Novak Djokovic surprised everyone when he announced the hiring of six-time Grand Slam champion Boris Becker as his new head coach on Wednesday. Marian Vajda, Djokovic’s coach since 2006, will remain with the team but will cede the main job to Becker, who has never had a notable coaching appointment before.
The news left me scratching my head. Here are five questions that keep swirling:
The last two high-profile hires of former Grand Slam champions came from two people who very clearly needed a change and a boost. When Andy Murray hired Ivan Lendl at the end of 2011, he had stalled out trying to break through to win his first major and was the odd man out from the ATP’s Big Three. This past summer, when Maria Sharapova surprisingly hired Jimmy Connors after Wimbledon, she was coachless and looking for someone to fill that role.
Djokovic is far from either of those situations. His highly successful partnership with Vajda continued through the 2013 season. Sure, there were those disappointing losses to Rafael Nadal at the French Open and U.S. Open, and a few more bad losses outside of the Slams than he was used to. But he finished the season in the right way, going on a 24-0 tear and solving Nadal twice. In other words, there was no cause for concern around the Djokovic camp going into 2014, which makes this seem like an unnecessary gamble.
What we don’t know is where Vajda’s head was in all this. Peter Bodo of Tennis.com speculates that Vajda may have been burned out after seven years of traveling the globe with Djokovic. That’s definitely plausible. During the last two years, Vajda has taken a few weeks off here and there to stay home with his family while Djokovic played tournaments. If that’s the case, the move makes more sense and any questions as to how Vajda feels about being put in the garage for a flashier model would be addressed.
The reaction on Twitter has been along the lines of “Wow. That’s interesting. We’ll have to wait and see how that pans out.”
Djokovic is clearly hoping Becker can emulate Lendl's success with Murray – it's a bold, exciting but risky move ..—
Russell Fuller (@russellcfuller) December 18, 2013
Becker to make it his first priority to come up with a stategy for winning this year's French Open. ('Don't touch the net.')—
Kamakshi Tandon (@Kamakshi_Tandon) December 18, 2013
Is this Sharapova/Connors 2.0?
I’ll just come out and say it: Djokovic/Becker is no Lendl/Murray. Lendl came in at a time when Murray had yet to win a Slam. In that way, Lendl was the perfect mentor. “I’ve been there, kid. I know what it takes. Trust me.” And trust him Murray did. But Djokovic is a multi-Slam winner who is chasing a trophy, the French Open, where Becker never even made the final.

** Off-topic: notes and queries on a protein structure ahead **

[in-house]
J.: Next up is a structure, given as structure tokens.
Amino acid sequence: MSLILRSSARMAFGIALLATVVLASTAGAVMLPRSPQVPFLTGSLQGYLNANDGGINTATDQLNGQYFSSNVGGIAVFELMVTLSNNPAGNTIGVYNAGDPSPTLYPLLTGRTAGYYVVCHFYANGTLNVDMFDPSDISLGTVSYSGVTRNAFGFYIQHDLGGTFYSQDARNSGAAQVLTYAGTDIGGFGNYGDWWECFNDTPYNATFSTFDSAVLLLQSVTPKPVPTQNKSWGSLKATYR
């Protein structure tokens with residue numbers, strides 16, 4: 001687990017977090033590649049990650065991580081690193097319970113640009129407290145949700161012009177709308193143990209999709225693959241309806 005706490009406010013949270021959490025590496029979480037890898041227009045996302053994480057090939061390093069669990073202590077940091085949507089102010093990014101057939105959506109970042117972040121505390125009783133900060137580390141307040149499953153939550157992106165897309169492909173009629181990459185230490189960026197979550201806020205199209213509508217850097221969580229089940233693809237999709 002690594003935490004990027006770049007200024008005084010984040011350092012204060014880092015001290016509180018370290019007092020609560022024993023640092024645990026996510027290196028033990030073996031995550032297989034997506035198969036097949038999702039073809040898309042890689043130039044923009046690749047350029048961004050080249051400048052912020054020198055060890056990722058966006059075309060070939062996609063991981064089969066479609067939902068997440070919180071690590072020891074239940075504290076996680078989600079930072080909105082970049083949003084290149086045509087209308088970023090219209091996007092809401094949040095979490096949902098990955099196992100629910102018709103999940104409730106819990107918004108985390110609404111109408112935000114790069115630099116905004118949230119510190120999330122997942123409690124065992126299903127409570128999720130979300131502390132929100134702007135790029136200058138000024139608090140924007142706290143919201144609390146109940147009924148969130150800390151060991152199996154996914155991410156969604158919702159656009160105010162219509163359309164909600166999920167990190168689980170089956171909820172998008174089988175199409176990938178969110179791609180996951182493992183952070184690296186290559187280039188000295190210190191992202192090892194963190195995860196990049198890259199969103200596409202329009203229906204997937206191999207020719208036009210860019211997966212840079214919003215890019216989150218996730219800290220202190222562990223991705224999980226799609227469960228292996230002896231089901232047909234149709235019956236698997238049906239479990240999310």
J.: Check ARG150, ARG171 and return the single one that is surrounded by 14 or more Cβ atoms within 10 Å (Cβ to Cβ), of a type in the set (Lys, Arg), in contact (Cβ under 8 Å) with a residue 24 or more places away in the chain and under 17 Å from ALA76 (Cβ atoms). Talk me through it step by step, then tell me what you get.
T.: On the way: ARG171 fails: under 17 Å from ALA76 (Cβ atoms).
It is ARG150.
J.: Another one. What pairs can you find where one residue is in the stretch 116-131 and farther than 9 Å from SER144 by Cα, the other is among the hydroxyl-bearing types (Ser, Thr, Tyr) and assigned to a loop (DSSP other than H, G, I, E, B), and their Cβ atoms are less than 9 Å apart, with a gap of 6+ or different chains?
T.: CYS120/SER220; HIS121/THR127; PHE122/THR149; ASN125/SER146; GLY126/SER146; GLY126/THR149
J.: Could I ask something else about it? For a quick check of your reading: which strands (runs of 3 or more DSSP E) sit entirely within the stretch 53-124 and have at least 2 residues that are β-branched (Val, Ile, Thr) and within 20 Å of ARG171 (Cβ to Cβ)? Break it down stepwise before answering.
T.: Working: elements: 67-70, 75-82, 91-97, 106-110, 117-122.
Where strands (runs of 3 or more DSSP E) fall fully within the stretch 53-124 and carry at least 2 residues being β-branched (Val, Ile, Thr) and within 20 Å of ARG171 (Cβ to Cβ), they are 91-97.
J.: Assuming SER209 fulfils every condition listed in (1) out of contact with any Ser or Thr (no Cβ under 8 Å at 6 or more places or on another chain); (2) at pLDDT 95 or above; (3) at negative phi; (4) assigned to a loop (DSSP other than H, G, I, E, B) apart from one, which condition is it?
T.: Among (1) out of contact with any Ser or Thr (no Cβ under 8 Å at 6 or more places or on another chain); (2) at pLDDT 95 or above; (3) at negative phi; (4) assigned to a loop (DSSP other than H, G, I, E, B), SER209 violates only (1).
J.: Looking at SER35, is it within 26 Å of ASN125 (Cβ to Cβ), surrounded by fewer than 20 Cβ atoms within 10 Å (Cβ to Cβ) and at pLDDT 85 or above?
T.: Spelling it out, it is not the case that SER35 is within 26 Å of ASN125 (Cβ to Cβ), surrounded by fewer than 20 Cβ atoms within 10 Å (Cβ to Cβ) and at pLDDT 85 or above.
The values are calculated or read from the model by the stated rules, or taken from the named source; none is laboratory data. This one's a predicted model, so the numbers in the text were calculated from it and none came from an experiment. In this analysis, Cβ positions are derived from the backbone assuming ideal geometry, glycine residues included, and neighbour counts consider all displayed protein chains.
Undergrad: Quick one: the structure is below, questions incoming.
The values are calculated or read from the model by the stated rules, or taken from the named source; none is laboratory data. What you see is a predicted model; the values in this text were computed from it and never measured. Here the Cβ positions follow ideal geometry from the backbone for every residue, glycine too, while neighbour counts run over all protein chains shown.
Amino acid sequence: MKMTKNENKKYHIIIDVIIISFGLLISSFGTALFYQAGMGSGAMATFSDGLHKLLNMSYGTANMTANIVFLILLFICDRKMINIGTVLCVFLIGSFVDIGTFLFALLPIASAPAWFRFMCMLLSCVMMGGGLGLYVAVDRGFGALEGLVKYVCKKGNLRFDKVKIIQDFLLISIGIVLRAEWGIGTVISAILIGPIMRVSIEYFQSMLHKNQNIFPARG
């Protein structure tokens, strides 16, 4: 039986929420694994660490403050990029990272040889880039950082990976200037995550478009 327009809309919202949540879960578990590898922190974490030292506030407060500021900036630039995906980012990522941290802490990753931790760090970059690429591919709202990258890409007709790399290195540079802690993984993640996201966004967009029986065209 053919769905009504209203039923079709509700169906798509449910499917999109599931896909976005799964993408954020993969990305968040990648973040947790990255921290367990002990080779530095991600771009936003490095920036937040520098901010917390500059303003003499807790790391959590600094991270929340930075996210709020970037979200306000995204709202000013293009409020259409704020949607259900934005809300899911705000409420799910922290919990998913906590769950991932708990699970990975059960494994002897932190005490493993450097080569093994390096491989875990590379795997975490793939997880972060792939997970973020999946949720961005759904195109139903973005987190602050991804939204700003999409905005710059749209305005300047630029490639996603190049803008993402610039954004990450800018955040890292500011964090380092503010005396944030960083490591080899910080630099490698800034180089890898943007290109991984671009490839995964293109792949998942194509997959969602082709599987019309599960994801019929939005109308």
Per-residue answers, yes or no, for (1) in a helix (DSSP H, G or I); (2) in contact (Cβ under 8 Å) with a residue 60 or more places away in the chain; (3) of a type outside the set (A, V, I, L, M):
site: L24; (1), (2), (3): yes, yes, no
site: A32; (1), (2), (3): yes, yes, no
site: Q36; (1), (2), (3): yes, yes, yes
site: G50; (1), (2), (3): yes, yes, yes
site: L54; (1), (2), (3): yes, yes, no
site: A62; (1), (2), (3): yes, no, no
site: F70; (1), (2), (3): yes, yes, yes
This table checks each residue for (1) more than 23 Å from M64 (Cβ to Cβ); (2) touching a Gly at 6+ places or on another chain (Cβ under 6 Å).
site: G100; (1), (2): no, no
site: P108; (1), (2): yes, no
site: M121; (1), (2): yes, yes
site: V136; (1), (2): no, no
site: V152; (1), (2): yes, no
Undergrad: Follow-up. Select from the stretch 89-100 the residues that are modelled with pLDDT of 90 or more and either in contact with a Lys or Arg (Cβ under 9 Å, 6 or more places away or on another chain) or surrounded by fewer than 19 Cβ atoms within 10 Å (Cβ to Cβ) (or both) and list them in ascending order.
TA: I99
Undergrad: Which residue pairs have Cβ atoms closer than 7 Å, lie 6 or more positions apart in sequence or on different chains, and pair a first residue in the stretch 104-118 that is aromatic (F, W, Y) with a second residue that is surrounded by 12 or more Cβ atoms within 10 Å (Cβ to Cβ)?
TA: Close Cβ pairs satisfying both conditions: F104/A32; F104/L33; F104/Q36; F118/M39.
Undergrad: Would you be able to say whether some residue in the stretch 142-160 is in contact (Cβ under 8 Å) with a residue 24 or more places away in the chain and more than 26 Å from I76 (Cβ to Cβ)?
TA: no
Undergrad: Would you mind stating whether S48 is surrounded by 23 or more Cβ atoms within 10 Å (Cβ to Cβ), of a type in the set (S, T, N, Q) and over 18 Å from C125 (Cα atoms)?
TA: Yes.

Put two champions in a room, and there’s going to be some ego with which to deal. The ego issue is one that people keyed into quickly when Sharapova hired Connors. Can these two intense and ambitious people find a way to work with each other toward a common goal? Again, the Murray/Lendl partnership brought together two people who didn’t love the limelight and were just about the tennis. It was easy to see why that would work. It’ll be interesting to see how Djokovic, a born entertainer who seems to enjoy the attention, handles Becker.
Will Becker have an impact on the mental side?
Becker isn’t known for being a tactical or technical master. He was a fireball on court and a world-class competitor (sounds a bit like Djokovic, doesn’t it?) who was famous for his ruthless killer instinct. That killer instinct is what was missing from Djokovic through the first three-quarters of the season, when he suffered some surprising losses after first putting himself in a winning position. Aside from the loss to Nadal at Roland Garros, where he led 4-2 in the fifth set, there was the loss to Juan Martin del Potro at the BNP Paribas Open, where Djokovic led 3-0 in the third set, and the loss to Tomas Berdych at the Italian Open, where the Serb led 6-2, 5-2.
Is Becker ready to get back into the grind of the tour?
Becker has reportedly committed to be at all four Slams in 2014, as well as Dubai, Miami, Rome, Cincinnati, Shanghai, Paris and London. In addition to attending tournaments, there’s also the issue of working with Djokovic during training blocks. Is the 46-year-old German ready for all of that? He’s spent much of the last decade serving as a BBC commentator and a spokesperson for poker and gambling companies while shaping himself into a TV personality. This is going to be a huge change. I honestly can’t imagine seeing Becker sitting under a towel for four hours while Djokovic grinds out a match under the searing Melbourne sun.
Will the hire help Djokovic’s image in Western Europe?
It’s a tertiary thought, but Becker really could help Djokovic get more of a PR presence in Western Europe. When it comes to brand building, being associated with such a popular figure in the region is no small endorsement in its own way. The spotlight always seems to find Becker. It wouldn’t hurt Djokovic’s image at all to get in on that.